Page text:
The means and standard errors of macro environmental factors such as sex, birth type, birth year, birth months and dam age, which are thought to have an effect on growth of the Awassi lambs, from birth to their 120th day age (10, 20, 30, 50, 60, 90, and 120th days of age) are presented in Table 2. Also in this table, means are compared in each row. The macro environment factors of sex, birth type, month of birth, and dam age, which are thought to affect the growth of Awassi lambs, were found to be significant in the variance analysis (P<0.05). It was observed that male lambs were born heavier than females and single-born lambs were born heavier than twinborn lambs and their superiority continued until the 60th day. However, this difference was not found significant in later ages. On the other hand, the effect of only the year of birth on live weight was not statistically significant (P>0.05). In terms of their birth months, the live weight of the Awassi lambs was found to be significant in every age group studied (P<0.001). It was seen that the lambs born in February are the heaviest and this superiority continues at any age. In terms of birth weight, whereas the lambs born in November, December, and January rank second, the lambs born in March and April rank third. In terms of dam age, live weights of the Awassi lambs were found to be significant in all age groups (P<0.001). The oldest dam’s (eight-year-old) lambs were also the heaviest, and this situation affected the growth of the lambs at any age. The lambs of dams aged 7, 6, 5, and 4 years were also born as the heaviest respectively, and the smallest lamb was identified as the offspring of a one-year old sheep. Means and standard errors of the parameters estimated according to the Gompertz and Logistics growth curves models used to compare the models are given respectively in Table 3. In Table 3, When the Logistic and Gompertz models A parameters are compared in terms of macro environmental factors, were found between 32.14-38.52 in Lojistic model, and 50.41-61.45 in Gompertz model. The A parameter calculated with the Gompertz model was higher than Lojistic model those estimated with all of macro environmental factors. The highest mean A parameter values were estimated by the Gompertz model 61.45 ± 6.535 for lambs of born in January. The B parameter was representing the ratio of live weight gain after birth to adult live weight and is also called live weight increase rate.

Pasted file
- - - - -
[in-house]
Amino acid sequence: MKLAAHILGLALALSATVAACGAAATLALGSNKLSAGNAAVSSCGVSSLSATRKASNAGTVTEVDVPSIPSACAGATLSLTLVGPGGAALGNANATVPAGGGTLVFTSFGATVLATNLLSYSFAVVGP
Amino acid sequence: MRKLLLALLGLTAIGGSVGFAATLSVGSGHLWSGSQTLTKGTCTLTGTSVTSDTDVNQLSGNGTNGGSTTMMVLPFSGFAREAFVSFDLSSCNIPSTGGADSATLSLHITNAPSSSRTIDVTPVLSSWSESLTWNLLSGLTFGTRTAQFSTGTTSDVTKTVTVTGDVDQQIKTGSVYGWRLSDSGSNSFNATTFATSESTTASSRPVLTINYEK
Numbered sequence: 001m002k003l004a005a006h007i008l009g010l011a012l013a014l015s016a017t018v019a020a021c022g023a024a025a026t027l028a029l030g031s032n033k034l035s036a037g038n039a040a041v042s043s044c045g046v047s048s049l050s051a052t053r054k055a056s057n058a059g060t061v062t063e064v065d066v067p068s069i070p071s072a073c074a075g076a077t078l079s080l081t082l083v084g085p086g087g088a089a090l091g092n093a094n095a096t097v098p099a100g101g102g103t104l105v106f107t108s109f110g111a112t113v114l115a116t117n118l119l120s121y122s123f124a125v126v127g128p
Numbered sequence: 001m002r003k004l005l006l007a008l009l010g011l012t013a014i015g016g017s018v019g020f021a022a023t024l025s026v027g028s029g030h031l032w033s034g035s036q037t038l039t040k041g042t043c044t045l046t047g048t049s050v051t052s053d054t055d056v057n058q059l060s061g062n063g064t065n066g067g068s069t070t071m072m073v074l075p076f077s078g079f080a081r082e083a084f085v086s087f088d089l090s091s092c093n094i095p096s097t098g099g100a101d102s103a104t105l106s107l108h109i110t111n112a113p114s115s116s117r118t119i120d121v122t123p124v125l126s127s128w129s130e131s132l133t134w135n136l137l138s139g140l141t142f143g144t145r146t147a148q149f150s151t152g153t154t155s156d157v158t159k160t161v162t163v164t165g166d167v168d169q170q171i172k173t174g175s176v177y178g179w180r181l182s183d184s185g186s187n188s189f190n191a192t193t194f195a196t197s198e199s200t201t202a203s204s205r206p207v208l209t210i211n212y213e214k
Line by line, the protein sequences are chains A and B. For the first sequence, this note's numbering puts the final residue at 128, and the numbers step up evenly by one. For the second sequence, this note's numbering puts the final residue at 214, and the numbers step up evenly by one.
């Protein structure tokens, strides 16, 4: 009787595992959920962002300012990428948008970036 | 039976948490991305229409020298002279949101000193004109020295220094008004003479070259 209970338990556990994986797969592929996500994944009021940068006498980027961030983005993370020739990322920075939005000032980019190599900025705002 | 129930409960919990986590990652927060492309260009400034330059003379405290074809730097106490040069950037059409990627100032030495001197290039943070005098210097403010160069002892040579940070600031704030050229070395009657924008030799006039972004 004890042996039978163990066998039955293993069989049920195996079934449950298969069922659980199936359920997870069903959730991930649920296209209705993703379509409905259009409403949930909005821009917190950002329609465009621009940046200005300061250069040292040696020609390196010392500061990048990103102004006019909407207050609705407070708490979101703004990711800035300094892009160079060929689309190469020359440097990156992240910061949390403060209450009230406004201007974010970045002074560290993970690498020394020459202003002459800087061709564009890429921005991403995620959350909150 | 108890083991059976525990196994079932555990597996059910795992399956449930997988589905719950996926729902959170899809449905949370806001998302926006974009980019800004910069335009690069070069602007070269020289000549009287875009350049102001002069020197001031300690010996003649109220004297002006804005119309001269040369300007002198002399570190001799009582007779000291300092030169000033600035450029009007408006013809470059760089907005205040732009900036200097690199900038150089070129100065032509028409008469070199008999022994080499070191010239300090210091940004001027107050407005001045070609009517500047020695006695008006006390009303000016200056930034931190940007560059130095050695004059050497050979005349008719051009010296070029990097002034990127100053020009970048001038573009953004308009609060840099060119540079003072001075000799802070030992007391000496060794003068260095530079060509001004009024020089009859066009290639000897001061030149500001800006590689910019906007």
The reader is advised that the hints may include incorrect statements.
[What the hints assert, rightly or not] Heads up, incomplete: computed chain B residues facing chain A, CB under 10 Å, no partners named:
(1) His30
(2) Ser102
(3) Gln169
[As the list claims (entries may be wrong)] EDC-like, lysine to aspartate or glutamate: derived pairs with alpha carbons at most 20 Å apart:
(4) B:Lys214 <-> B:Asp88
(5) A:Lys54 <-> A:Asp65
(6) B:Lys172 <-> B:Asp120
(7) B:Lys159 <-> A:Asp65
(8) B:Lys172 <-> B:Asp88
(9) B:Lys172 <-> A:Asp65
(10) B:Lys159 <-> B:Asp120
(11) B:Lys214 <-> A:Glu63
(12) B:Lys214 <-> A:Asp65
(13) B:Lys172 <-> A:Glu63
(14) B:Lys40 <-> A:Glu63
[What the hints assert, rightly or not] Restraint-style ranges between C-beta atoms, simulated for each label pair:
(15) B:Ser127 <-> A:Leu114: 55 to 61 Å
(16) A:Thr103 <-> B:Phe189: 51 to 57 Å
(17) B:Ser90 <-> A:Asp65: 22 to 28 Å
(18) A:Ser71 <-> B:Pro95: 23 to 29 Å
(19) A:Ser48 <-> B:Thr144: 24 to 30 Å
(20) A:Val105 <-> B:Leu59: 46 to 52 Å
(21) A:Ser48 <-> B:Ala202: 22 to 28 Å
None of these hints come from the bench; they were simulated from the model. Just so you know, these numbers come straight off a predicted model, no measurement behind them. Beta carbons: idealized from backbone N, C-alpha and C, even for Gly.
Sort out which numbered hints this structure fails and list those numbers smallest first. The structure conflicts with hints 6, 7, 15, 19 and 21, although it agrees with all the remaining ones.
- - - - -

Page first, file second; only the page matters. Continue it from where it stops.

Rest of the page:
Table 1 Growth curve equations and coordinates of inflection point
A, B and k: model parameters.
AIP: age at inflection point; WIP: weigth at inflection point and MI: maximal increment.
Table 2 Live-weight means and standard errors (Means±SE) of the Awassi lambs at ages from birth to 120th day according to the macro environment factors
F: female; M: male; S: single and T: twin.
*** (P<0.0001); ** (P<0.001); * (P<0.05) and -: non significant.
SE: standard error.